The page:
Start with this article: http://www.creditcards.com/credit-card-newsReading up/savings-money-club-comeback-1264.php. Not just because I’m in it! The author, Dana Dratch,  does a fabulous job of explaining how to make  financial education fun! FUN????

Yes, FUN!  Invite some friends, bring some food, and start a Money Club.

“The idea has been around for years,” Dana writes. “A small group of friends, co-workers or, in some cases, complete strangers meet regularly to polish money skills, discuss money challenges and set concrete goals. Don’t confuse money clubs with investment clubs, in which members focus on investing skills and may even make investing decisions as a group or pool their money. “

Dana also interviewed Ginita Wall, the co-founder of www.wife.org (which I believe is the best financial education site on the internet for women) and a major proponent of money clubs. Ginita created the site; www.TheMoneyClub.org, where you can download a  free Leader’s Guide for “individuals interested in starting a club, and a menu of lesson plans for meetings.“

Money clubs are exploding in popularity. I’d love to hear from anyone who’s in a money club…got any tips or advice for the rest of us?

If you’ll excuse me, but I’m frustrated and I need to vent! Yet another study has come out that tells us, according to an article in US World & News Report: “financial institutions are failing to connect with female customers, a group that will soon control 60% of the wealth in the US.” Duh! http://articles.moneycentral.msn.com/SavingandDebt/ConsumerActionGuide/HowBanksShouldTalkToWomen.aspx

Allianz Life Insurance revealed what every study for the past decade has discovered: most women want to learn about retirement planning and investing. But “(Women) are telling us that materials out there are difficult to understand and that they find them boring. Some even compared them to reading a foreign language,” says Sherri DuMond, vice president of marketing solutions for Allianz.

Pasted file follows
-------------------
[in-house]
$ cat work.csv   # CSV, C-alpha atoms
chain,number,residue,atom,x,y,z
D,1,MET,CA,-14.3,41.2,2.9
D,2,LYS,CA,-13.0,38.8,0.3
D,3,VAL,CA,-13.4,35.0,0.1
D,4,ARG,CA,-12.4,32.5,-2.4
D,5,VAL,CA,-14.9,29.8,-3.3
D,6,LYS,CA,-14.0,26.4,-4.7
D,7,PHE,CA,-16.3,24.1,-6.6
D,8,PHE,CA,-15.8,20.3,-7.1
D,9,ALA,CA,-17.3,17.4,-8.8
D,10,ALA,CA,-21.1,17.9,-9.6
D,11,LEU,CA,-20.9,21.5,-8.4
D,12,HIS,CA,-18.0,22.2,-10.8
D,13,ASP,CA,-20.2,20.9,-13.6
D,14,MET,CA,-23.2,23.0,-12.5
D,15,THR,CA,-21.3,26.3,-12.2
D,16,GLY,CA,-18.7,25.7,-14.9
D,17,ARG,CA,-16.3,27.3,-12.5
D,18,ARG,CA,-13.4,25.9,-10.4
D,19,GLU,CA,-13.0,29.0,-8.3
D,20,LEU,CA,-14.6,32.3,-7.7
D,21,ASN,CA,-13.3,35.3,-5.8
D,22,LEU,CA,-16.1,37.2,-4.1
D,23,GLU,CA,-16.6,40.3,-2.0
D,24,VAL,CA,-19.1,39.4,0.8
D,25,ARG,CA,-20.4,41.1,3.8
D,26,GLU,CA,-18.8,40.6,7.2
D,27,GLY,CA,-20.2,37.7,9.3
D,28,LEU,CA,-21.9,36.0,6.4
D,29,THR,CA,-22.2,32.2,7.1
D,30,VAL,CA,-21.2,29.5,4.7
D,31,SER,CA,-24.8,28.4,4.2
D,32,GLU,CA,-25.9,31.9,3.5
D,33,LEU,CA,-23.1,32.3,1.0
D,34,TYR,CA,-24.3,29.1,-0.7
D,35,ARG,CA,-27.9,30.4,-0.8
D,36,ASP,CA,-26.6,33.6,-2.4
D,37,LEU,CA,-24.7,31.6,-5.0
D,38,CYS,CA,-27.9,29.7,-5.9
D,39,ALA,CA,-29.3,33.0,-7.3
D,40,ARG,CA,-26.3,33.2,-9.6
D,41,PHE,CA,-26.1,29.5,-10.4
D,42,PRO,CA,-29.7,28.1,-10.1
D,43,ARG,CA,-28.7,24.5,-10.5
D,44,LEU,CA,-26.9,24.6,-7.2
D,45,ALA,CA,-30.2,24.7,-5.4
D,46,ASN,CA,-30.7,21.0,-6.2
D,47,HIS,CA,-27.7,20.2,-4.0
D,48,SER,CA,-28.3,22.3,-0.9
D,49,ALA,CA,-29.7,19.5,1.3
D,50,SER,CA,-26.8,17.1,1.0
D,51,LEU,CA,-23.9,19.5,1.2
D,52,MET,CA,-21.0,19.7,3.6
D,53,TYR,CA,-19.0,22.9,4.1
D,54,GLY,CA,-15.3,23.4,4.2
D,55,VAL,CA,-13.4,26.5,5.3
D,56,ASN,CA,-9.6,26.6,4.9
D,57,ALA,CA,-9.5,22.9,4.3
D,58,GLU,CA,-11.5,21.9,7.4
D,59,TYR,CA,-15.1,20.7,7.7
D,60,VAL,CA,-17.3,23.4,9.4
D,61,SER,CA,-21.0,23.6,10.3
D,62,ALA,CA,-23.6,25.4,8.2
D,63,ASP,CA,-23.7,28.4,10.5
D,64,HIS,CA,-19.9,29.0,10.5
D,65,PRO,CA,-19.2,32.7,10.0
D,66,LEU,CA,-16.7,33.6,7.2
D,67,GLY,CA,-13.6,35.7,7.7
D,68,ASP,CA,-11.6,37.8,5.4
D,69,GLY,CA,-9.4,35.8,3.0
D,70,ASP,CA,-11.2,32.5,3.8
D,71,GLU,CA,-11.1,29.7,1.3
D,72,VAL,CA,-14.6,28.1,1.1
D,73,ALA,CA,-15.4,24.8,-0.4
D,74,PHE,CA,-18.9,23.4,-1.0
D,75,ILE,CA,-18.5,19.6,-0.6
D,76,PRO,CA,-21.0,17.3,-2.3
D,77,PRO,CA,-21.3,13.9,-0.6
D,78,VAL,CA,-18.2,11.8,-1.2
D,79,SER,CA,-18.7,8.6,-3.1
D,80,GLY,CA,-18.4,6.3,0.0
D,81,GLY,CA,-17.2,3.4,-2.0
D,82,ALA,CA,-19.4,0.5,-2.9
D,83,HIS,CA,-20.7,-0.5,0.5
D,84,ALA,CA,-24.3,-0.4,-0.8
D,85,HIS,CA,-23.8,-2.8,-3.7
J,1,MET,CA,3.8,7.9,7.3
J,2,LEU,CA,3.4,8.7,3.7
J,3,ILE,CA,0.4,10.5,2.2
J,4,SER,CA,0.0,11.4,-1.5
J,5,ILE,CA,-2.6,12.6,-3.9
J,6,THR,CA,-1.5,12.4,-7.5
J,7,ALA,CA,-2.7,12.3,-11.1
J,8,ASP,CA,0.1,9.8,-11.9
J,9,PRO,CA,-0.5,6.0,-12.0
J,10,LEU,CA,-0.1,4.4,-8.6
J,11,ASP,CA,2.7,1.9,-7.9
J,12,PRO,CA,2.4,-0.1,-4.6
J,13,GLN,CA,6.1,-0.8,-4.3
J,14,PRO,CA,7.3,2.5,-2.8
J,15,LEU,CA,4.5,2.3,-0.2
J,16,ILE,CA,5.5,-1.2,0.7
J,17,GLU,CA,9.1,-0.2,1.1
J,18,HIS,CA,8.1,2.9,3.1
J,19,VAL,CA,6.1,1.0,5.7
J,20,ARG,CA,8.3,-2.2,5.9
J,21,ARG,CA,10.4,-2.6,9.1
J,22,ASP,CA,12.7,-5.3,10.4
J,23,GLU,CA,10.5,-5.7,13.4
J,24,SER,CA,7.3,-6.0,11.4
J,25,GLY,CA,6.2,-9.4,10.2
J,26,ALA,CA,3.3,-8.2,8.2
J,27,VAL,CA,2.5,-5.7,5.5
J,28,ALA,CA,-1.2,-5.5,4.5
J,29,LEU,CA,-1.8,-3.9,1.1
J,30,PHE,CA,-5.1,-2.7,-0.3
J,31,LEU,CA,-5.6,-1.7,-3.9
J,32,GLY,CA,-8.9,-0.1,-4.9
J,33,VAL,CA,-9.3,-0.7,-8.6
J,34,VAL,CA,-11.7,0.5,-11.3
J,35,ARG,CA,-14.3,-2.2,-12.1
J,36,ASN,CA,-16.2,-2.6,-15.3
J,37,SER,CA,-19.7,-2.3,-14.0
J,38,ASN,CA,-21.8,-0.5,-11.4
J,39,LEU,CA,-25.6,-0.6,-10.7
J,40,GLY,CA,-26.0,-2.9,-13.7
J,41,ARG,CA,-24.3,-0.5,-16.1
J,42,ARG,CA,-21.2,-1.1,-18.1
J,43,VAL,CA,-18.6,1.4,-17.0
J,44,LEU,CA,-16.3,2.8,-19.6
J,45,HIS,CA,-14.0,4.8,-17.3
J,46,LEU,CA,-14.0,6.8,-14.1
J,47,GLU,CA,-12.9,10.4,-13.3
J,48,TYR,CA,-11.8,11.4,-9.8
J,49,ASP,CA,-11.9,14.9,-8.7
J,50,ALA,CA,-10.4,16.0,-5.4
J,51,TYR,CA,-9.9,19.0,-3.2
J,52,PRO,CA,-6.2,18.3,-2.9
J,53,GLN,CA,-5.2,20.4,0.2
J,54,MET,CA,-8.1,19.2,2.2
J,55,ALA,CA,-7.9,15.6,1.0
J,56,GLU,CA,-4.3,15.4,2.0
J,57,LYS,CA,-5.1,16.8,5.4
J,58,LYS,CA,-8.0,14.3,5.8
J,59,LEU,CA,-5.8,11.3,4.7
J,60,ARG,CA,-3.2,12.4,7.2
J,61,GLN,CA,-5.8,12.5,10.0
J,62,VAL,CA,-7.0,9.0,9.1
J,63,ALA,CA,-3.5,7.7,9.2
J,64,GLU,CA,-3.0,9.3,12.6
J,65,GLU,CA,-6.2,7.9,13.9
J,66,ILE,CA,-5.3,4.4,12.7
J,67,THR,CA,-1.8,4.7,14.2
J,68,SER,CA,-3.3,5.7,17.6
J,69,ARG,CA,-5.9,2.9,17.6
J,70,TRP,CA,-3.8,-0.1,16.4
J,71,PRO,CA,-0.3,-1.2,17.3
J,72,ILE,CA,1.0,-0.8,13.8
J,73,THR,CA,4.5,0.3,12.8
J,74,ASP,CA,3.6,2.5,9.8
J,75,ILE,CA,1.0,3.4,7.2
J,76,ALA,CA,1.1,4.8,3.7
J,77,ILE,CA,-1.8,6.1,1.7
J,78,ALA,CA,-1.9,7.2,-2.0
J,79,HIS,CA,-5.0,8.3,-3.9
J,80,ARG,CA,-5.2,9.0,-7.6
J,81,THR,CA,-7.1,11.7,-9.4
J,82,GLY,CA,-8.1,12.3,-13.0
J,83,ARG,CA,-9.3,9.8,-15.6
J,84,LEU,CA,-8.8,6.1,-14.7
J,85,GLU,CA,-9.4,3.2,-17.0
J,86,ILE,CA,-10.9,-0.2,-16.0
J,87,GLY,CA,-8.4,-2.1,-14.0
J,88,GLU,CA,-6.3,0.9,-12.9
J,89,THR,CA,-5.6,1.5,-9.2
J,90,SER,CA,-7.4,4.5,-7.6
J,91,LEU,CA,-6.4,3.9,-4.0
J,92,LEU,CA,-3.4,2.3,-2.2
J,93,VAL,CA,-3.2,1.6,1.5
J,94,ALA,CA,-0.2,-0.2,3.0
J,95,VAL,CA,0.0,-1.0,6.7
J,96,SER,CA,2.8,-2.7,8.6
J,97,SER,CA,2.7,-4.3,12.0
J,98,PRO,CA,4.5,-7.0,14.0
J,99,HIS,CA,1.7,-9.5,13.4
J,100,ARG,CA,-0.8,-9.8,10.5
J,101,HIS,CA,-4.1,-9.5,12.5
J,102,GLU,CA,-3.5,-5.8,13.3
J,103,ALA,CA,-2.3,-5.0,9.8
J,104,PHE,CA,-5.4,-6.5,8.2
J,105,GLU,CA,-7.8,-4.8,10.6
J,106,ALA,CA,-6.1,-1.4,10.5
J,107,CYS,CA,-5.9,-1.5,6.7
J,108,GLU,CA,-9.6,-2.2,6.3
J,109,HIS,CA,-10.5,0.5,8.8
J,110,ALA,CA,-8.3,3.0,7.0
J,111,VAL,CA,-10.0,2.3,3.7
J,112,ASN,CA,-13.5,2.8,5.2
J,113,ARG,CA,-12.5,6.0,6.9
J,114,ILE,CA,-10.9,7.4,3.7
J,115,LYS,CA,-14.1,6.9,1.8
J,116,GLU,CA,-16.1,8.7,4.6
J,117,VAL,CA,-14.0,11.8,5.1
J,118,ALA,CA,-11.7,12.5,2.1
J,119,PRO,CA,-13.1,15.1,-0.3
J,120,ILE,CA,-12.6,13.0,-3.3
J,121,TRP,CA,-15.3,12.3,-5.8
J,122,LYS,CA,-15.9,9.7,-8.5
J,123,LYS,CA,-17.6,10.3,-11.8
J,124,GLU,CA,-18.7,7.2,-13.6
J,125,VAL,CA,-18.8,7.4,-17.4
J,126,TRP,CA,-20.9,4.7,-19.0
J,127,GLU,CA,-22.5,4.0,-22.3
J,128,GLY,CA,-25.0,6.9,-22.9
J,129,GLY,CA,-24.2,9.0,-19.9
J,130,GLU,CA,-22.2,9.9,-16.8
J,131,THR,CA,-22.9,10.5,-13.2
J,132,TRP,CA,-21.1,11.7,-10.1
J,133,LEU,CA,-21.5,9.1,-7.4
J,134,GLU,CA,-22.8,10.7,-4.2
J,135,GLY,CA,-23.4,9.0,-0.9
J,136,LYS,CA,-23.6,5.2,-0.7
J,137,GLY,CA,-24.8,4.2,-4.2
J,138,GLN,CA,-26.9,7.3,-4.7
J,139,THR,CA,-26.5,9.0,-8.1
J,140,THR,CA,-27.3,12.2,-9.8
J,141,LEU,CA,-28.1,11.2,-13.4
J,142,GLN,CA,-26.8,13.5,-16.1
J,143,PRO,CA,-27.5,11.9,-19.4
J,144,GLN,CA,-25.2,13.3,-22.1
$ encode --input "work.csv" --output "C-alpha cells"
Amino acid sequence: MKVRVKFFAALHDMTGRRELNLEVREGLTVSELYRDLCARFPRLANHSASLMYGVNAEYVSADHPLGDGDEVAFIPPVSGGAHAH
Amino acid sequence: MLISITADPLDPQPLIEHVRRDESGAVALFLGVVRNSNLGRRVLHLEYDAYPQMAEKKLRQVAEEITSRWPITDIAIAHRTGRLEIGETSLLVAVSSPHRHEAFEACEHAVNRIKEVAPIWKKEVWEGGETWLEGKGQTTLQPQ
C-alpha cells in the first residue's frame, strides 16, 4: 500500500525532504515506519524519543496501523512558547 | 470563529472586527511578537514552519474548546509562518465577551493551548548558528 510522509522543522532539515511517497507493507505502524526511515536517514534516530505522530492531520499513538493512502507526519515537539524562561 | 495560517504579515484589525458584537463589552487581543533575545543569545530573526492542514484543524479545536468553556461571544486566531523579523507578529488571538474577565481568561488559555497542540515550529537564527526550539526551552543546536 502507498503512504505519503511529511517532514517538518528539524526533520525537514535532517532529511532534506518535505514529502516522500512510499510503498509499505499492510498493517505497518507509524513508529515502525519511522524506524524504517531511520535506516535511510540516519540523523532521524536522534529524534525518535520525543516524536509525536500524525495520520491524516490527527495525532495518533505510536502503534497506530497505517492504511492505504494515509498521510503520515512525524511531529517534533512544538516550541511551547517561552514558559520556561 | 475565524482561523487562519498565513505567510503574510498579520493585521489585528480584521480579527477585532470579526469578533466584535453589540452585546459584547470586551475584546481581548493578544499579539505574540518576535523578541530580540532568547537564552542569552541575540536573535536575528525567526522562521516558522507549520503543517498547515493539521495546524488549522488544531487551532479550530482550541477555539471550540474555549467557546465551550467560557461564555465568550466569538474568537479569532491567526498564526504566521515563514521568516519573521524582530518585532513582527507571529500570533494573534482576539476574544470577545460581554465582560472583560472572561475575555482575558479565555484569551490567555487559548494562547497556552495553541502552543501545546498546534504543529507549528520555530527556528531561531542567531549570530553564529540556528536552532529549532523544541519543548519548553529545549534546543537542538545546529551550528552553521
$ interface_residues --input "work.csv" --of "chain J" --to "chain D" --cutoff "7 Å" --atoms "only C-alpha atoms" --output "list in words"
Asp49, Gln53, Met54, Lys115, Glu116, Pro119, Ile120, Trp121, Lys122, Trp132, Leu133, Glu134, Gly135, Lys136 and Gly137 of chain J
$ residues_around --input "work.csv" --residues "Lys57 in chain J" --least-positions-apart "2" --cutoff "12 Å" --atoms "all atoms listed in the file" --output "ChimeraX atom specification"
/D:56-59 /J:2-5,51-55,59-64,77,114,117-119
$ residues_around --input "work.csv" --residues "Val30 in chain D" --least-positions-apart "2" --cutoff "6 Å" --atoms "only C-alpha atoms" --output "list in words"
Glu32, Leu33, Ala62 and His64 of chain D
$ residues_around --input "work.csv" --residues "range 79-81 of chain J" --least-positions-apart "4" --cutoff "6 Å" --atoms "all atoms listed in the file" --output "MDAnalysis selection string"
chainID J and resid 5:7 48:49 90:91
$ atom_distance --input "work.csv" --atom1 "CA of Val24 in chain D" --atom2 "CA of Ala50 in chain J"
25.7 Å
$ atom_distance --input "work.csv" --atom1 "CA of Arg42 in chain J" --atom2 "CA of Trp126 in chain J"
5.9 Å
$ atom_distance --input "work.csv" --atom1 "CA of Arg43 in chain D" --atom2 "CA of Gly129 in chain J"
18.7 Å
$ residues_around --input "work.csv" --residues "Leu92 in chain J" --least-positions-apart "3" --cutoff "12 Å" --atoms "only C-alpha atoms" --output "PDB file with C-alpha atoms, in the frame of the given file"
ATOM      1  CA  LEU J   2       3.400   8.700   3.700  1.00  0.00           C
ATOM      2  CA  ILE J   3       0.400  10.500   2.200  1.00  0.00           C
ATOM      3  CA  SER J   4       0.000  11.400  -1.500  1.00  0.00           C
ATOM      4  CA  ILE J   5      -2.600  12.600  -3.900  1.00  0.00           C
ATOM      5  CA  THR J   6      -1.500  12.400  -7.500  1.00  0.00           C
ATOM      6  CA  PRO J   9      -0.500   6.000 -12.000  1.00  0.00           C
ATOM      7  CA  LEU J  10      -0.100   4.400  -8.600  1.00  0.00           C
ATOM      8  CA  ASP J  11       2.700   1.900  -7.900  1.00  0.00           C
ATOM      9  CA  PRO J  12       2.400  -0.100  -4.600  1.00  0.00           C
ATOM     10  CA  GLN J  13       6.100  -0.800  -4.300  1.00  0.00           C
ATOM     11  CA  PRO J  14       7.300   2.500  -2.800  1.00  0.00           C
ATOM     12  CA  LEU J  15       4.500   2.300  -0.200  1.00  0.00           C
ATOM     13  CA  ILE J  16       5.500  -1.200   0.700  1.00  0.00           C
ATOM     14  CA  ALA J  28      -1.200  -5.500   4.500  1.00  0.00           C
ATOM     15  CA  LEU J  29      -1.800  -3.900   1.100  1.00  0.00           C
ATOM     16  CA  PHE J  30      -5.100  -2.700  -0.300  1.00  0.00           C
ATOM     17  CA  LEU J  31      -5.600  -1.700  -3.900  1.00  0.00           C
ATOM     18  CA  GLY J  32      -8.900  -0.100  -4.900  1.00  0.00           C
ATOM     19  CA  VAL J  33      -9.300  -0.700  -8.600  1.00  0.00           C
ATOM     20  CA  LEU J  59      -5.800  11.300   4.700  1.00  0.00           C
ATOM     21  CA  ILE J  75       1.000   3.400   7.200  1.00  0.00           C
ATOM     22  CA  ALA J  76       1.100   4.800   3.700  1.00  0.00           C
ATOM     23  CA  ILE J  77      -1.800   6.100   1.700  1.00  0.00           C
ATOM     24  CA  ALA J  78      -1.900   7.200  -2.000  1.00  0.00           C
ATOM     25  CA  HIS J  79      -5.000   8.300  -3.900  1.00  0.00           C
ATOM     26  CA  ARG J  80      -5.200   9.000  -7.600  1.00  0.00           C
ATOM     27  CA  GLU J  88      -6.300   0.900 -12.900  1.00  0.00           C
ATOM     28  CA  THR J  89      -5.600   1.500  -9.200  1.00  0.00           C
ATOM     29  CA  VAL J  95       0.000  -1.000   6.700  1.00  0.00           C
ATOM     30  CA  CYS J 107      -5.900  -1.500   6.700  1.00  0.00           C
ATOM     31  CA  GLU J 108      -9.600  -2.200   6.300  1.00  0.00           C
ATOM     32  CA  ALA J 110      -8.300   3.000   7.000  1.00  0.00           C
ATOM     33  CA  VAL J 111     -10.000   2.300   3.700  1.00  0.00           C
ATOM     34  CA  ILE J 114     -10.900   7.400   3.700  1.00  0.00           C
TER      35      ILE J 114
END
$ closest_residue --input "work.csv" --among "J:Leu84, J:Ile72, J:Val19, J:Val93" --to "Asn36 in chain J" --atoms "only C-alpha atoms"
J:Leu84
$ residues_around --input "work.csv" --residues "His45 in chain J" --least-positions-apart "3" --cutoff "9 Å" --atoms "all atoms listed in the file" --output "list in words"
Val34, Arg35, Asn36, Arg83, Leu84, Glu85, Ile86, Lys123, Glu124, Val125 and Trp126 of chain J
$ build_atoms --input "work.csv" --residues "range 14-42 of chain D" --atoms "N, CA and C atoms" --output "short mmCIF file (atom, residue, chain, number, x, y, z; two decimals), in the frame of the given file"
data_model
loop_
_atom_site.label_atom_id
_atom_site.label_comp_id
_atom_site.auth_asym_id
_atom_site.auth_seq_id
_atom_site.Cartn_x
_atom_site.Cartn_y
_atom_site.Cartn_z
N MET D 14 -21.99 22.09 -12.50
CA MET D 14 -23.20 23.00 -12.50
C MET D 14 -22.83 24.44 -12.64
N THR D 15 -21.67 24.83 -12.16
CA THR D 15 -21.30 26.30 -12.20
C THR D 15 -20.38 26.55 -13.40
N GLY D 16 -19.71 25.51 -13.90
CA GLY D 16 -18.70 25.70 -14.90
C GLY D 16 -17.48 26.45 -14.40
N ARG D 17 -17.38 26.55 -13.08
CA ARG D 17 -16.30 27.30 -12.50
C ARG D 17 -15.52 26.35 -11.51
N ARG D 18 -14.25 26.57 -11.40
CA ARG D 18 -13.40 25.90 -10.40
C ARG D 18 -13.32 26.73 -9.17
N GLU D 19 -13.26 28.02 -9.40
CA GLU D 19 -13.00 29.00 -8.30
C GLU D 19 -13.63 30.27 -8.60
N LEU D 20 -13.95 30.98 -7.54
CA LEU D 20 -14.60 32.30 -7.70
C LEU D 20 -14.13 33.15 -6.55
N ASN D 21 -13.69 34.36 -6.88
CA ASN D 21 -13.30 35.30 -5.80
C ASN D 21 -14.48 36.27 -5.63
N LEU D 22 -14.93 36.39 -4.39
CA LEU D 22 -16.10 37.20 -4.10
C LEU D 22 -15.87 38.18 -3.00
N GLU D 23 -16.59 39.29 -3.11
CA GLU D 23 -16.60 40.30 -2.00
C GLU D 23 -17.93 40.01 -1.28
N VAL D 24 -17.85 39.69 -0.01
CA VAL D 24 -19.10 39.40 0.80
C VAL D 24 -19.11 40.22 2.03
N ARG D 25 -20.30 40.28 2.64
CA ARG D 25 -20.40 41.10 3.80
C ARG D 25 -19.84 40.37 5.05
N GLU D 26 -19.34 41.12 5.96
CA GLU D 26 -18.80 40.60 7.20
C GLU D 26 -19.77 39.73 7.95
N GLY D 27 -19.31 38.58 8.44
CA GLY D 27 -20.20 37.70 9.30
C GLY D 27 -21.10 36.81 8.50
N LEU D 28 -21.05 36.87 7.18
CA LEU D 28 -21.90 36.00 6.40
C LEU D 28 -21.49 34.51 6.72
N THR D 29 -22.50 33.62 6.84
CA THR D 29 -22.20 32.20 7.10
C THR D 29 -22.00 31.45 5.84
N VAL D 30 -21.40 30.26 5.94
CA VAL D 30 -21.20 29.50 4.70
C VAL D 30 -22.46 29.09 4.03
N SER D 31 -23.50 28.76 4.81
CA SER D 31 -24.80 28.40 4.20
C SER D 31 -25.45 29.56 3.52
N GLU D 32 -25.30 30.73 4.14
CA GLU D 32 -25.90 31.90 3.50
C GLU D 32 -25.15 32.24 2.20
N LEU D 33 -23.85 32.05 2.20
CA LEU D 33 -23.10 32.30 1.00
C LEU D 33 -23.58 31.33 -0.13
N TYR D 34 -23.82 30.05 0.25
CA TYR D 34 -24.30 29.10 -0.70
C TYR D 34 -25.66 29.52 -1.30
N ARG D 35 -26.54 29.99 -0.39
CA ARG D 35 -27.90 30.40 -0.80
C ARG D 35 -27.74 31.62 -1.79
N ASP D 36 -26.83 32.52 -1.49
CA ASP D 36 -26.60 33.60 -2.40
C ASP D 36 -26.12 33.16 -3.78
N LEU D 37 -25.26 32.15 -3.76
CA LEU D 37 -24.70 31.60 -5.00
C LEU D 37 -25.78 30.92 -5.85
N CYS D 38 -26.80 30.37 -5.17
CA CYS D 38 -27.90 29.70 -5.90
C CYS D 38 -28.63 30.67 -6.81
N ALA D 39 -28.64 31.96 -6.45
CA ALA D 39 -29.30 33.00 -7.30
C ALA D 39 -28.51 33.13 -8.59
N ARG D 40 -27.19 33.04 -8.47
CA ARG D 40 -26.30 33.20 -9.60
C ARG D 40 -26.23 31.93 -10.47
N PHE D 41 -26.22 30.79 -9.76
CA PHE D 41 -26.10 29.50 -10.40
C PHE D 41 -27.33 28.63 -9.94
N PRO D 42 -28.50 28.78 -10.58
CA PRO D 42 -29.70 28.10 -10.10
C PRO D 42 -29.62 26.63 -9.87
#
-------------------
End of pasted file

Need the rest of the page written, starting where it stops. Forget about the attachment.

This is news? Maybe to the industry. Certainly not to women.

The problem is that financial firms simply respond with more of the same materials, but couched in what one advisor in the article called “female-friendly metaphors.” For example: “Updating your 401(k) every six months…is like putting your winter clothes away in the summer, she says, and making stable investment choices is like purchasing your first black or blue suit.”

If the financial industry asked for my advice (and no one has), here’s what I’d tell them.

It’s time to get down to the nitty gritty! Don’t just focus on the facts of investing. Get personal. Dig deep. Talk about her fears. Explore her resistance . Delve into the real issues, like family messages and cultural conditioning. I always say doing the outer work without paying attention to the inner work only perpetuates the status quo.

Am I all alone here? Or am I being foolish to think that if financial advisors were trained appropriately, they could learn to actually talk about emotions? Let me hear from you!


Those of you familiar with my work know this about me: I’m a big fan of using financial advisors.

The reason: we women are so busy, many of us of don’t have the time, interest, or knowledge to manage our own money (and do it well). Of all the women I’ve interviewed, the ones with the highest networths didn’t necessarily earn (or inherit) the highest income. But the whopping majority did work with financial professionals.

The challenge: how do you find a trustworthy financial advisor?

The strategy: Ask for referrals from people who are happy with their advisors. Or go online to find names of advisors near you. Try these sites:

www.napfa.org — National association of Personal Financial Advisors

www.garrettplanningnetwork.com — the Garrett Planning Network of financial advisors who work for an hourly fee.

www.cfp.net — the website of Certified Financial Planners

The solution: Resist the urge to sign up with the first advisor you meet. Interview at least 3. Ask questions such as these, then go with your gut instinct:

1. Would you tell me about yourself?

2. Do you specialize in certain types of investments?

3. Who are your clients?

4. How do you charge for your services, and what costs might I incur working with you?

5. How often do you communicate with clients, and how often might I expect to hear from you?

6. Have you ever been involved in any lawsuits, arbitration, or disciplinary problems?

7. Is there anything you want me to know about you that I haven’t asked?

Need more help? I’ve written a booklet filled with great advice: Finding A Financial Advisor You Can Trust. You can order it on my website.

I’d love to hear your tips about finding an advisor.